Hollywood Fringe 2019
In this surreal devised piece, two women seek to cure the pain of longing in others that they can’t quite seem to shake themselves. Visually arresting, intimately staged and creatively rendered, The Institute for the Opposite of Longing is a polished gem of theatre that will stick with you long after you leave the theater.
Hollywood Fringe has shown an exciting trend of inventive work driven by female creators. While positions of power in the entertainment industry are still grossly male dominated, the Fringe offers a window into what kind of interesting, nuanced and empathic stories we could expect if we saw more women in creative control. The Institute for the Opposite of Longing, created by Lindsay Beamish and Vanessa Peters, is a unique work that centers on what happens to a maternal instinct deferred.
Seeing the aesthetic and learning the premise of Institute, I couldn’t help but think back on another wonderful Fringe piece at the Actor’s Company back in 2017, A Void. Kristen Kearse’s striking play also crossed two women and their desire to escape existential angst with an absurdist imagining of commercial/technological remedy. Beamish and Peters’ piece similarly focuses in on a very specific piece of the human experience: longing. Within the intimate confines of The Little Theater, the two create a surreal, pink, Michel Gondry-esque world of serene speech and clinical intake. Here, feelings of longing, loss, or desire can be quantified on a scale from 1-10, and whatever you are missing will be replicated and offered by a specialist, trained to “give.” The show blends heightened moments of performance with quiet realism: Beamish and Peters alternate between playing both clients of the Institute and its lead technicians/founders, Julie and Meredith. The show quickly transcends “longing” as a general emotional state and focuses in on the thinly veiled pain of these women, who seek to escape the personal loss of a child they fostered by using their own therapy.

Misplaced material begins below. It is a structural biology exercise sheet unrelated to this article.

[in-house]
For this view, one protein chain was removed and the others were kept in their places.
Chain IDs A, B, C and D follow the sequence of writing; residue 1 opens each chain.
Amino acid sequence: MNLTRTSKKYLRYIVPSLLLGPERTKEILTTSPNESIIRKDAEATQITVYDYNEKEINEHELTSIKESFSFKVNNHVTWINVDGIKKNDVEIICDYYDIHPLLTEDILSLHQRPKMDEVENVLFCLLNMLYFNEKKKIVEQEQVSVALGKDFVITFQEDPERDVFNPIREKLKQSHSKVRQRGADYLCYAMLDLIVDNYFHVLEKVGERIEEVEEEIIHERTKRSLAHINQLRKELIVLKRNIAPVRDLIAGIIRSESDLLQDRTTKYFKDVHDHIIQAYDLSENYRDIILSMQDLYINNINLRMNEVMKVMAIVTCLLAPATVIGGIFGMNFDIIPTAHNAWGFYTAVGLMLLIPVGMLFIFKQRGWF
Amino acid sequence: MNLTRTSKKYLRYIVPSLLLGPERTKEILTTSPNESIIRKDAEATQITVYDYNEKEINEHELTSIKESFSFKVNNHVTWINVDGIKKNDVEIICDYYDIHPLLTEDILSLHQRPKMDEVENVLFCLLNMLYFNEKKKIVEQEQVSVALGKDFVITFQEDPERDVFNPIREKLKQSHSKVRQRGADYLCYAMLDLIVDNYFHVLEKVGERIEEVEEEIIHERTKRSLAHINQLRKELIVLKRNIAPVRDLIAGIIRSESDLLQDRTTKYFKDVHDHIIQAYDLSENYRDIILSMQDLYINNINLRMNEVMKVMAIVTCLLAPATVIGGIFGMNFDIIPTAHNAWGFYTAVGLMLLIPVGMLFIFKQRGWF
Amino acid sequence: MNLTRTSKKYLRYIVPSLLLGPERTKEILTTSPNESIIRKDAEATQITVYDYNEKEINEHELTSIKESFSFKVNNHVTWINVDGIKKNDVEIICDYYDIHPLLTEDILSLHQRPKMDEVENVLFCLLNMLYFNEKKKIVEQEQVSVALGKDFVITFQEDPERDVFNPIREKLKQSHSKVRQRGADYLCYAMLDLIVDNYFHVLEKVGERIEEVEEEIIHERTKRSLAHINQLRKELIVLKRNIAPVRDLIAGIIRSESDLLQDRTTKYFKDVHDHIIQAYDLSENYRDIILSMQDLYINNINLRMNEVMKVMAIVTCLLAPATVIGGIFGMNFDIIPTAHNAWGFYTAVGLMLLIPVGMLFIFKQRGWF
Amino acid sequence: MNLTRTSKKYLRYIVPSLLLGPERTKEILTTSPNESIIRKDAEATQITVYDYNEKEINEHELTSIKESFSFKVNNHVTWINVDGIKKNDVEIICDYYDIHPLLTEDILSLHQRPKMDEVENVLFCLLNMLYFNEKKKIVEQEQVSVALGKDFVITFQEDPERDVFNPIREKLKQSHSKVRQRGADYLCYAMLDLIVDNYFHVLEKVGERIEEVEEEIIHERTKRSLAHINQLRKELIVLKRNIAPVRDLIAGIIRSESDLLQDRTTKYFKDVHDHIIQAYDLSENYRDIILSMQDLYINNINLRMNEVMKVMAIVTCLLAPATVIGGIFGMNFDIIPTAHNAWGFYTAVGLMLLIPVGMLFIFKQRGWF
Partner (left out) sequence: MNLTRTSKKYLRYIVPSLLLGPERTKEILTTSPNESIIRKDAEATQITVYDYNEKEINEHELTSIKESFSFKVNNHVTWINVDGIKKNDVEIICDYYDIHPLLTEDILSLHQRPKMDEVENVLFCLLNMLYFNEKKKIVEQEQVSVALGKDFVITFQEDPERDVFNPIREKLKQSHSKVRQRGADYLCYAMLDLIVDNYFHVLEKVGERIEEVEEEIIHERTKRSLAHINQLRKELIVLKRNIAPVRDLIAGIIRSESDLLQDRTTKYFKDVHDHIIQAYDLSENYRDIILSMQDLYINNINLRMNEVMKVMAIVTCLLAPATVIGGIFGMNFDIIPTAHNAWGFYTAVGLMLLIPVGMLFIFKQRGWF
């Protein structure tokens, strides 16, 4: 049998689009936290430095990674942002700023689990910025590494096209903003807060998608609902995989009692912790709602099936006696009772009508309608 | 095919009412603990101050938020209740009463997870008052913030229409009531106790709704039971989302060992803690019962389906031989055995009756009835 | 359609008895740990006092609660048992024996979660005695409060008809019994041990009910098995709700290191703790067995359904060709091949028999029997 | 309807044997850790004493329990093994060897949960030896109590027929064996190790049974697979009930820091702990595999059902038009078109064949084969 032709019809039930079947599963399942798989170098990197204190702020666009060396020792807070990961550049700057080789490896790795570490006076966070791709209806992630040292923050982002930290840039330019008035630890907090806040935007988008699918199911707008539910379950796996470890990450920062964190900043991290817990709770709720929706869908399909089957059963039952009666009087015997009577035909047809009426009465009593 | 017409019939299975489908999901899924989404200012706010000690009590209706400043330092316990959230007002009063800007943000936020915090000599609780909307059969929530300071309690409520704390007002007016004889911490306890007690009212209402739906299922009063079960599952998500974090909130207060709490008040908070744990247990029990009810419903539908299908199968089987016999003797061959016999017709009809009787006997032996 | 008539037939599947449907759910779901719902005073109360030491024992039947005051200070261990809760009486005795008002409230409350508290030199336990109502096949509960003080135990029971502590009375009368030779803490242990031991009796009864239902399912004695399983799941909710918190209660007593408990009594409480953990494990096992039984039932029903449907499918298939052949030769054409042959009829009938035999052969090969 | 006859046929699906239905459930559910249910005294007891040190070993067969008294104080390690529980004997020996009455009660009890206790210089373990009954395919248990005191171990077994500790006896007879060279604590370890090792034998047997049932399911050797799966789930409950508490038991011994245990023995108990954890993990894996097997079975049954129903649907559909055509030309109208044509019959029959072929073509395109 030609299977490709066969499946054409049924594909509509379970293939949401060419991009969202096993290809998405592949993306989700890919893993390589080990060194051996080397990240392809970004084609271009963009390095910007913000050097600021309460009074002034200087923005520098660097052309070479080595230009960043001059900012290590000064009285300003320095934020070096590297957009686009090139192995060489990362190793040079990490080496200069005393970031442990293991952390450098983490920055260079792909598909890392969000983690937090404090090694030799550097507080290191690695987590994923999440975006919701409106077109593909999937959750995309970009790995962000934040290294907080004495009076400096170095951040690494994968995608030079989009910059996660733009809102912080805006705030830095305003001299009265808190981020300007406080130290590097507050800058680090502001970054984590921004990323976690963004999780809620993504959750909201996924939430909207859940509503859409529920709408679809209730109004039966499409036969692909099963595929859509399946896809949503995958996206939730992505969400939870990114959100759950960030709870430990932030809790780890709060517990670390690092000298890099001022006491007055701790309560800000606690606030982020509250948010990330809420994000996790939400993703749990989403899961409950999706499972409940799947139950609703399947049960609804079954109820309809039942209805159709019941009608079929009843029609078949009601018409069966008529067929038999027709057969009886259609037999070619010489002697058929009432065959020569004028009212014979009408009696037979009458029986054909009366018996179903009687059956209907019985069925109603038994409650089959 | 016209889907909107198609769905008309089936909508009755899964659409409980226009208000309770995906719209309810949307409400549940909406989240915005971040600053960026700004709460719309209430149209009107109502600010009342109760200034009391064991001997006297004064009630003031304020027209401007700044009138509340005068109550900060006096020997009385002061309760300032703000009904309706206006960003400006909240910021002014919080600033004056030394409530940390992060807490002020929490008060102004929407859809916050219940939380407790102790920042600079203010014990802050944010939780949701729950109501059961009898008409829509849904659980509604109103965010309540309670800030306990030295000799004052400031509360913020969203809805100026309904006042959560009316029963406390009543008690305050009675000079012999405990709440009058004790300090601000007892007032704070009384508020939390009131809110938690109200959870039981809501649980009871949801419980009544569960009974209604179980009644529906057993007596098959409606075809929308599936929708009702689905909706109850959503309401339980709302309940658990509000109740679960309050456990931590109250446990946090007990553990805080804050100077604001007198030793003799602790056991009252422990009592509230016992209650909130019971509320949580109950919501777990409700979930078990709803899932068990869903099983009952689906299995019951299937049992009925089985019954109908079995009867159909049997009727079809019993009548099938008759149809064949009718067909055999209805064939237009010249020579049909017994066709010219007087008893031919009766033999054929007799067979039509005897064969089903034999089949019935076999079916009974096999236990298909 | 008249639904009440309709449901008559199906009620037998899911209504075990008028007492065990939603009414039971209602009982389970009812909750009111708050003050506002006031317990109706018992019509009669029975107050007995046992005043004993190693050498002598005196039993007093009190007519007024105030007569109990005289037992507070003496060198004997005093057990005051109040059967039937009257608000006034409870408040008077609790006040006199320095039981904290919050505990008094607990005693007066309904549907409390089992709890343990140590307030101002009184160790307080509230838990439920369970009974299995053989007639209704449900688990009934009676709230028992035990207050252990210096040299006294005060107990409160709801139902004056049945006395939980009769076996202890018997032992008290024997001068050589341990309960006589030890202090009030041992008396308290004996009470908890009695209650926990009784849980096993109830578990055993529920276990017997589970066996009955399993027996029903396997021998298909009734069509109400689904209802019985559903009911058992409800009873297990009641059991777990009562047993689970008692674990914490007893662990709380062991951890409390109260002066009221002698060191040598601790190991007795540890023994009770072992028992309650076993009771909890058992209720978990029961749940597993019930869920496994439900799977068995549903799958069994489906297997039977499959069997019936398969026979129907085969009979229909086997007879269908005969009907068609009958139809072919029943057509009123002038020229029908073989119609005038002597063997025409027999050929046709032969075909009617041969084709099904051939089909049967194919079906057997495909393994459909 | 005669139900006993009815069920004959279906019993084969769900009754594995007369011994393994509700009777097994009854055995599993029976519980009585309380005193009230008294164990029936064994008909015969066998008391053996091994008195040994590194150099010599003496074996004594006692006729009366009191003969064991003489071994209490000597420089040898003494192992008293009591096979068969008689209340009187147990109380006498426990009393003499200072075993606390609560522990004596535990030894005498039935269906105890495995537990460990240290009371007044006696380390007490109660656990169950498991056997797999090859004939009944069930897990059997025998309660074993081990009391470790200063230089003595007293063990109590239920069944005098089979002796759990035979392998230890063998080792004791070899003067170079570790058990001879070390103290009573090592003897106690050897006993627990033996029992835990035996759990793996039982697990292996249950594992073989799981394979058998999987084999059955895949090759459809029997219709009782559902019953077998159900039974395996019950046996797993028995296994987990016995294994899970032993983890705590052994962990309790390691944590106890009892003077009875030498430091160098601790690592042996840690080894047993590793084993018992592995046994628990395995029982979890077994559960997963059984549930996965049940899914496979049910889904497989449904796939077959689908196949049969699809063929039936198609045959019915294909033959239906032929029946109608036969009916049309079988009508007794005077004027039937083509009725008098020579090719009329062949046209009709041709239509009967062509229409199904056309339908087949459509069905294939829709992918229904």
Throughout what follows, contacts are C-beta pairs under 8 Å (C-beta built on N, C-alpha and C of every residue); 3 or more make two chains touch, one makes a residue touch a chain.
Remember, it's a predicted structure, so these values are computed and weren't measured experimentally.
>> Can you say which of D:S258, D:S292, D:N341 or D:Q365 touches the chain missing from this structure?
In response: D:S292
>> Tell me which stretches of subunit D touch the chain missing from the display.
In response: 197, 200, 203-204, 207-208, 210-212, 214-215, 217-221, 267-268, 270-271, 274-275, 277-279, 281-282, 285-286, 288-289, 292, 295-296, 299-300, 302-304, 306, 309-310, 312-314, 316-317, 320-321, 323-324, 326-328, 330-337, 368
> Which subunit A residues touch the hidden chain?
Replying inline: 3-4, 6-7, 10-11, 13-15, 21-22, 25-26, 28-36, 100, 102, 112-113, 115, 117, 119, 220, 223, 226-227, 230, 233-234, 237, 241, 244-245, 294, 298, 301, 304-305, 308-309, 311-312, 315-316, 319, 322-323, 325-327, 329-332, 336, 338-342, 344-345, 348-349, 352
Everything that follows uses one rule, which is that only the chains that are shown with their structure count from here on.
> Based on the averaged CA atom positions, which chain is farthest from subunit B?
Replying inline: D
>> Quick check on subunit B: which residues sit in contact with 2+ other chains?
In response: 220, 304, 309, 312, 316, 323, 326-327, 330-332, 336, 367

Institute does a masterful job of capturing that hollow feeling of longing in iconoclastic fashion—one of the diagnostic intake questions is whether or not one relates to a certain Japanese haiku. There is also a healthy dose of comedic irony that arises from this attempt to use the scientific method to solve an amorphous, emotional human issue—how could you ever pick a number from 1-10 to describe the pain of missing a child you helped raise? How can you pinpoint where in your body you feel the loss of your husband’s romantic interest? The Institute offers a certain percentage of relief—higher for those whose dads stuck around when the going got rough—through a therapeutic session where a giver offers you what you aren’t getting in real life. By showing both different client’s sessions and the founders’ own attempts to find relief, the play captures how impossible it is to truly fill the gaps of longing, no matter how we try to address it.
The show has a strong core, but as sometimes happens with devised pieces, it seems to lack a bit of structure that would give it more of a feeling of full development. I personally would have loved a bit more of a balance between other forms of yearning with the very specific pain of maternal longing—we go deep into this sentiment with the founders’ prolonged reenactment of losing their foster son, but also touch upon it with the client Karen Jacobs, albeit in a creepier fashion, where Peters winds up playing her baby. It was such an interesting investigation of this part of humanity, I wanted to see more clients, more specific stories of longing, more sessions that go off the rails in different ways. Perhaps in future incarnations, some of the founders’ scenes could be condensed/intercut with other clients the lend more variety to the piece. Regardless of this personal preference, the show was beautiful, powerful and deeply moving: the exploration of these women’s loss of a boy they loved deeply, and knowing that he is off there somewhere, growing up without them as his moms anymore was simply heartbreaking.
The Institute for the Opposite of Longing is another example of the unique and formidable work that is possible when independent theatre practitioners are able to take risks and realize their vision on their own terms.